Although calcineurin inhibitors are the most commonly used immunosuppressive drugs in liver transplantation, the optimum initial immunosuppression regimen is not known.
In this study, published in the latest issue of the Lancet, the research team compared tacrolimus with microemulsified ciclosporin, in a regimen with standardized concomitant immunosuppressive therapy.
A total of 606 patients, undergoing a first orthotopic liver transplantation, were randomly assigned open-label tacrolimus or microemulsified ciclosporin.
The team regarded the primary outcome as the combined frequency of death, retransplantation, or treatment failure for immunological reasons (whichever occurred first). These data were analyzed by intention to treat.
The research team found 96% of patients received the treatment allocated to them.
The primary outcome was reached in 21% of the patients in the tacrolimus group versus 32% allocated microemulsified ciclosporin (relative risk 0·63).
|Patients reaching primary outcome:|
- tacrolimus = 21%
- ciclosporin = 32%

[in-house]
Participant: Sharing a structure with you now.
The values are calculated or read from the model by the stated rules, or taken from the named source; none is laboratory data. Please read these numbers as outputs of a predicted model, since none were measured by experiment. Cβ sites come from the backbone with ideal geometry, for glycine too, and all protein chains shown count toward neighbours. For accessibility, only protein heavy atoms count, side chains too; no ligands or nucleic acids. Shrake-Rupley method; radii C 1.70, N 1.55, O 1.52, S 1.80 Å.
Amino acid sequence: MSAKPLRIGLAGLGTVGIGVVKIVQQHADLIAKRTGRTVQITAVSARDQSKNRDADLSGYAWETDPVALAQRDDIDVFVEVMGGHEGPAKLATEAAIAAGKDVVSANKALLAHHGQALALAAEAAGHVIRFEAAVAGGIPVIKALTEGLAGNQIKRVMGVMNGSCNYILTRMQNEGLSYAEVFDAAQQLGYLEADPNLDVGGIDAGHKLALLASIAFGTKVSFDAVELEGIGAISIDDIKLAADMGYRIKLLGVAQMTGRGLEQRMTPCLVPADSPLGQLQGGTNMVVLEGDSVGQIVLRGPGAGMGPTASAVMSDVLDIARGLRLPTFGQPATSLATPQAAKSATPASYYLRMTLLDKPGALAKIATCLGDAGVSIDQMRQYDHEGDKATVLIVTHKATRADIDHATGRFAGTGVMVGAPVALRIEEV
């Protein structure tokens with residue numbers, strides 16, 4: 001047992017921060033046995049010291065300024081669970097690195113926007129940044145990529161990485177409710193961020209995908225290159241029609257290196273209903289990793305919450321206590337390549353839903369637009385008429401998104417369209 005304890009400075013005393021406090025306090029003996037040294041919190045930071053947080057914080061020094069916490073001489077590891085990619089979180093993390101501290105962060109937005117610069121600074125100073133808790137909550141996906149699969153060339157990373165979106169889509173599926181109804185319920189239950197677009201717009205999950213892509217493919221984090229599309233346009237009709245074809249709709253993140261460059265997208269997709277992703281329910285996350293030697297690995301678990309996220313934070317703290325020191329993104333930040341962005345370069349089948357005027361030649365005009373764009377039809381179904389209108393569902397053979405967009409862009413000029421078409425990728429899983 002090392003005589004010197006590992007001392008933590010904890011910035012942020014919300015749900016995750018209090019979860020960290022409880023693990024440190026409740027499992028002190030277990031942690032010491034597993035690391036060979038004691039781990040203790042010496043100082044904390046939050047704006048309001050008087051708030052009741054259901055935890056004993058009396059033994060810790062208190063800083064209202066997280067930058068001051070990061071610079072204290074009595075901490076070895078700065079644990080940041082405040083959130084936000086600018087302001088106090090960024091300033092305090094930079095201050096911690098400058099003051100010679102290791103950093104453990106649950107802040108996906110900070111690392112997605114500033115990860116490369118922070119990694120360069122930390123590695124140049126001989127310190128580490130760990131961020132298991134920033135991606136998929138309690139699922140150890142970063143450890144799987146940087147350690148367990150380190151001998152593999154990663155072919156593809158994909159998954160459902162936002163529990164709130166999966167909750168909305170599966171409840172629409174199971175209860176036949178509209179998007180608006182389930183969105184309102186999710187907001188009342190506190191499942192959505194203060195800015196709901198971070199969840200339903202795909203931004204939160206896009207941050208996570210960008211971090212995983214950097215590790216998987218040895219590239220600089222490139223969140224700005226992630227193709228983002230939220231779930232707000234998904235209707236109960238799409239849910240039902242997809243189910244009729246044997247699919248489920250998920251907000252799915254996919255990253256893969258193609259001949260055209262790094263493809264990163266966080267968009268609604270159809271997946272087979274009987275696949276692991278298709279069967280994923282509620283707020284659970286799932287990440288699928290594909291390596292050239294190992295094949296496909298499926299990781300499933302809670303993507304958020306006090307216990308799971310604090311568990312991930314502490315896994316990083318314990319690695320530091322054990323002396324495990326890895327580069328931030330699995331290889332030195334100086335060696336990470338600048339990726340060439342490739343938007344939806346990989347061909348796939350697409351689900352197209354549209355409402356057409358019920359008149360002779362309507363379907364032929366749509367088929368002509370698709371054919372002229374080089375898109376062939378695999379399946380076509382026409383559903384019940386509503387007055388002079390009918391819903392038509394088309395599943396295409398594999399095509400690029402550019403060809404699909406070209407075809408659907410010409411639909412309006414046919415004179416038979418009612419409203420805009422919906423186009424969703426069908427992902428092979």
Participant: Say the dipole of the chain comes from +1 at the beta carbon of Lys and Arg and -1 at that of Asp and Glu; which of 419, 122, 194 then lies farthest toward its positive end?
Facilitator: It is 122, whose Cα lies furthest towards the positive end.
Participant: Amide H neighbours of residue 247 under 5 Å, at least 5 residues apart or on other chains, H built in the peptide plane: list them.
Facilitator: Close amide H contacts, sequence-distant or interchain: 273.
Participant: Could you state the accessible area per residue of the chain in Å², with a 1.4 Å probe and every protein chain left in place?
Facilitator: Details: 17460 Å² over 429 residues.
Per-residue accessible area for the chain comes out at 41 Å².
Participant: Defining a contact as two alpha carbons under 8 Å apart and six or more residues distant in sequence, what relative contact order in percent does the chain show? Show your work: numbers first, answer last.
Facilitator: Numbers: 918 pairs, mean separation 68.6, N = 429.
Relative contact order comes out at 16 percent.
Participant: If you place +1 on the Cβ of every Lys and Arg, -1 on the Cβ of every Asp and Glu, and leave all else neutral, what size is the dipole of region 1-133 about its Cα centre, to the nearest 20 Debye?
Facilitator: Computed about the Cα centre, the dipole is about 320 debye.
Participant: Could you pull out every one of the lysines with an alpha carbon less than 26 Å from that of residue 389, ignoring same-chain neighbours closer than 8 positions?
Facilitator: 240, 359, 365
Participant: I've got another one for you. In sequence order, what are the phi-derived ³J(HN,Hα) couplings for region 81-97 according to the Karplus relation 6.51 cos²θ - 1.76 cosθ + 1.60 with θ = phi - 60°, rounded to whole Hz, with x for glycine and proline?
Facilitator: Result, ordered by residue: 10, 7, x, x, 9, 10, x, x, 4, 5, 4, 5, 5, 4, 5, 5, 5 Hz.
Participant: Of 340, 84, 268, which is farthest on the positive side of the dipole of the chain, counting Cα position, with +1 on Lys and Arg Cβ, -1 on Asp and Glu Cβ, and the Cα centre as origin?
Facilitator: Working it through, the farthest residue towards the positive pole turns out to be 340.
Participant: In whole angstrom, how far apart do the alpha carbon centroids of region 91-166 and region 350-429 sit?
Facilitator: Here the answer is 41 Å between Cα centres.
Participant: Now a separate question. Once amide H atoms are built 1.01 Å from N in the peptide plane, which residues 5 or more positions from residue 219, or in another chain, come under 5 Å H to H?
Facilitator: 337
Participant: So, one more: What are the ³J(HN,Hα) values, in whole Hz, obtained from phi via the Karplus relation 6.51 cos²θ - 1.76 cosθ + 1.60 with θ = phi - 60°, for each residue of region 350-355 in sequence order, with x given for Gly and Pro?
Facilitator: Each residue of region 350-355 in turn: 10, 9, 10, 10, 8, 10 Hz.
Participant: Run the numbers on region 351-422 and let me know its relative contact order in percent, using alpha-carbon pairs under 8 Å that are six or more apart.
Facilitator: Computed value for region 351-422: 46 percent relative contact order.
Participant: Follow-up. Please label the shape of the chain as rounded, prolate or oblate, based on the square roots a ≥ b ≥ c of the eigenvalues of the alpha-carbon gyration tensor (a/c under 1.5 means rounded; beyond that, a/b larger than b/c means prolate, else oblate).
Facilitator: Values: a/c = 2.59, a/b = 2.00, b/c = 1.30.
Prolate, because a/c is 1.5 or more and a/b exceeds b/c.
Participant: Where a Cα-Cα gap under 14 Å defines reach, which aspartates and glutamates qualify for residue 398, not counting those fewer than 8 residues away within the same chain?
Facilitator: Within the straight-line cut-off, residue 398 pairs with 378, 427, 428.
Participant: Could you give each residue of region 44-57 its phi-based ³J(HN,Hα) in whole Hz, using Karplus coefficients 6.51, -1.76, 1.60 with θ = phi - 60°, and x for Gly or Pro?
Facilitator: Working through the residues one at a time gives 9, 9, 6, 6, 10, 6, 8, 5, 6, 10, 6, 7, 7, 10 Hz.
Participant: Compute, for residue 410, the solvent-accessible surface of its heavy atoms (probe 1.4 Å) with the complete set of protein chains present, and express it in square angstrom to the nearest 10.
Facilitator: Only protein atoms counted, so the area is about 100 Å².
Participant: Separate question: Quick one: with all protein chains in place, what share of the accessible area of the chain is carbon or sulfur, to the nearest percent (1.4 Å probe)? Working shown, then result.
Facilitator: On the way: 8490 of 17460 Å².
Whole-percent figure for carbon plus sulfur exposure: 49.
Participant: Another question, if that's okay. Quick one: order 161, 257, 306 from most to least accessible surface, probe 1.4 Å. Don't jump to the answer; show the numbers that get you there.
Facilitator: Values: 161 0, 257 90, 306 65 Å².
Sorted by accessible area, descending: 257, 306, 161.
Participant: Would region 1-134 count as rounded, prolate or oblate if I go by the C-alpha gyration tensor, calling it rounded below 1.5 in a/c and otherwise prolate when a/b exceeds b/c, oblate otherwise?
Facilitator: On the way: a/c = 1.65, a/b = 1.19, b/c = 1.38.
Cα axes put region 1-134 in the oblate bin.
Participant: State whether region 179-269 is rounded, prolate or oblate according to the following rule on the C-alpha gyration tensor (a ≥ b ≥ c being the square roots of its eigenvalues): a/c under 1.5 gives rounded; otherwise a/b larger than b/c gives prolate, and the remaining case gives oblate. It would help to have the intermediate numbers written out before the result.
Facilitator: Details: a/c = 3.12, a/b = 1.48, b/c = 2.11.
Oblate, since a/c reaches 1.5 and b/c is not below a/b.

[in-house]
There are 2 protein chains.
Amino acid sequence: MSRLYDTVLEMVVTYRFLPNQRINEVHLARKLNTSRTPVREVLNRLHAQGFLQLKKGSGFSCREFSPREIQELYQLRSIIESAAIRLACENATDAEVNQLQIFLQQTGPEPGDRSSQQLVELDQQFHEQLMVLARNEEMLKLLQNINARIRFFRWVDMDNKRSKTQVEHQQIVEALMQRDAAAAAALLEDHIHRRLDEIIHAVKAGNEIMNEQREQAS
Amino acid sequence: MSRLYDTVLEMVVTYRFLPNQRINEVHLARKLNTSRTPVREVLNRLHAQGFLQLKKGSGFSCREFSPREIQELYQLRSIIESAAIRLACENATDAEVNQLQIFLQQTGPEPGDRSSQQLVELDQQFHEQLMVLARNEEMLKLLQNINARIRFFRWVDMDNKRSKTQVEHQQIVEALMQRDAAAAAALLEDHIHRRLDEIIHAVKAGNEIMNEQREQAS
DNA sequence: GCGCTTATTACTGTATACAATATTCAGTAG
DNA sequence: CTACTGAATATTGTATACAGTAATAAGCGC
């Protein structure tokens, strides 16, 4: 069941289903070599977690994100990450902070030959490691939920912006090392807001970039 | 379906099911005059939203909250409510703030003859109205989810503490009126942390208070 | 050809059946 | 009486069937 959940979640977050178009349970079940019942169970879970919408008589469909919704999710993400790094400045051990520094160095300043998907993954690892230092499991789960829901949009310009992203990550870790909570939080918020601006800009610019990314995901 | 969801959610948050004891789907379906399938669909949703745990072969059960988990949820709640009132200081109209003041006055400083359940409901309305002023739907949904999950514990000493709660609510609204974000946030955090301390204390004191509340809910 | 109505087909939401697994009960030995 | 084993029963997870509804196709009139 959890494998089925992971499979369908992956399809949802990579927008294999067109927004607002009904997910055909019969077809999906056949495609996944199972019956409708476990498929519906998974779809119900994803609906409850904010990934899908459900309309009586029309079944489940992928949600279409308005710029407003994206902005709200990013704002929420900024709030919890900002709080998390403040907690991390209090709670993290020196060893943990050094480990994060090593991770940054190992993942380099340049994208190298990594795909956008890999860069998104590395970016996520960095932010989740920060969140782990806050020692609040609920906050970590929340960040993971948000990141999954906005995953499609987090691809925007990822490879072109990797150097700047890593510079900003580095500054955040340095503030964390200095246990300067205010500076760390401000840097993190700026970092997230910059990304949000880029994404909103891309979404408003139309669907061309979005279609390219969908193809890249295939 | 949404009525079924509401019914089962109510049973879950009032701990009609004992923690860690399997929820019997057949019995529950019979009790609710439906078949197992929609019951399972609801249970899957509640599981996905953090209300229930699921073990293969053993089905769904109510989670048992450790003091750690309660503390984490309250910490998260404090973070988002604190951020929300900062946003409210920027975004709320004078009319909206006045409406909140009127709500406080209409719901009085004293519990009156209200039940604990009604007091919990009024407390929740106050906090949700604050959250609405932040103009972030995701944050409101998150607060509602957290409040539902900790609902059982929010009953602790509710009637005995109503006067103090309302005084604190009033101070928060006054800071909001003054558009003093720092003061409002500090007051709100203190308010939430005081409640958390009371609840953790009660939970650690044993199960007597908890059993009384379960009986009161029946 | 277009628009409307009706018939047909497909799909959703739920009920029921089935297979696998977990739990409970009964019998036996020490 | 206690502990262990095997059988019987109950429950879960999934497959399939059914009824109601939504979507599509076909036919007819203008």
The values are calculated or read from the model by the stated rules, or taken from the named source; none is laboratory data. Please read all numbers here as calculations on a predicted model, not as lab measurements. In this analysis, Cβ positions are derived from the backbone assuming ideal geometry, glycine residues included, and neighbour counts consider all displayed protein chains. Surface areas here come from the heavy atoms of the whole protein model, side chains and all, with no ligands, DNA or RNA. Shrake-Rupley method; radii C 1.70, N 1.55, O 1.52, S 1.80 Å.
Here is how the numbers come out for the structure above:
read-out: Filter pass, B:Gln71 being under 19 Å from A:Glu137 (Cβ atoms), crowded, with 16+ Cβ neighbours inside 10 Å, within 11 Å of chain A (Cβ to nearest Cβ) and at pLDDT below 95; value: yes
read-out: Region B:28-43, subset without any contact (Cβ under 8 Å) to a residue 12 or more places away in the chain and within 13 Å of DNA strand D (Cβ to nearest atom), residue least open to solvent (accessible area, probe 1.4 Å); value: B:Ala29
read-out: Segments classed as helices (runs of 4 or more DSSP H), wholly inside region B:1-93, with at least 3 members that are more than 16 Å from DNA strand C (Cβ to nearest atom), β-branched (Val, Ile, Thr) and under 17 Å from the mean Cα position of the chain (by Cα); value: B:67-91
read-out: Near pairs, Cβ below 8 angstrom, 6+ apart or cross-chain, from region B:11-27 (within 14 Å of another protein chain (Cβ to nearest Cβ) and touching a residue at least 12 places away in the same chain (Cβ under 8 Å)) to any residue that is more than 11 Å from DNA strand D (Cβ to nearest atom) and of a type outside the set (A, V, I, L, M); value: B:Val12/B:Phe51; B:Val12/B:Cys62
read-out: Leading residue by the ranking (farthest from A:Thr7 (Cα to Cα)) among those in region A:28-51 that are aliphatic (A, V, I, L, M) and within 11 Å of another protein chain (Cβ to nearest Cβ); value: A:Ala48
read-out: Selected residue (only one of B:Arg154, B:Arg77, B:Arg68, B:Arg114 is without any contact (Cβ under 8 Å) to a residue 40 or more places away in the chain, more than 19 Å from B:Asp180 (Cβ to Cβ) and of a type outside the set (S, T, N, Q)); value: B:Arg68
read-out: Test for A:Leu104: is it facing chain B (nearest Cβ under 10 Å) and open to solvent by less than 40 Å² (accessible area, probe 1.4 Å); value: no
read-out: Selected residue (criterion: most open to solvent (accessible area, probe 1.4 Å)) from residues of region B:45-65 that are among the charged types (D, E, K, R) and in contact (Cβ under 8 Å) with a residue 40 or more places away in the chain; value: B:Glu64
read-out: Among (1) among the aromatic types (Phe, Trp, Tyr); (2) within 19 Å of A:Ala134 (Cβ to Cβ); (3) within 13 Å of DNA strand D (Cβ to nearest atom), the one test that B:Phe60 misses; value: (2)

Death occurred in 17% of patients receiving tacrolimus compared to 24% in those receiving microemulsified ciclosporin. Retransplantations occurred in 4% versus 10%, and treatment failure for immunological reasons in 2% versus 4%.
Furthermore, the relative risk for the composite outcome was in favor of tacrolimus.
The team found the main causes of death in both trial groups to be sepsis and multiple organ failure (10% for both drugs). The main cause of retransplantation was hepatic artery thrombosis (2% versus 6%).
Renal dysfunction and the need for antihypertensive therapy were much the same in both groups.
However, the team discovered tacrolimus to be more diabetogenic.
Dr John O'Grady's team concluded that, "Clinical outcome at 1 year was better with tacrolimus-based immunosuppression than with microemulsified ciclosporin during the first year after liver transplantation".
"Tacrolimus should be the first choice of calcineurin inhibitor for patients receiving their first liver graft".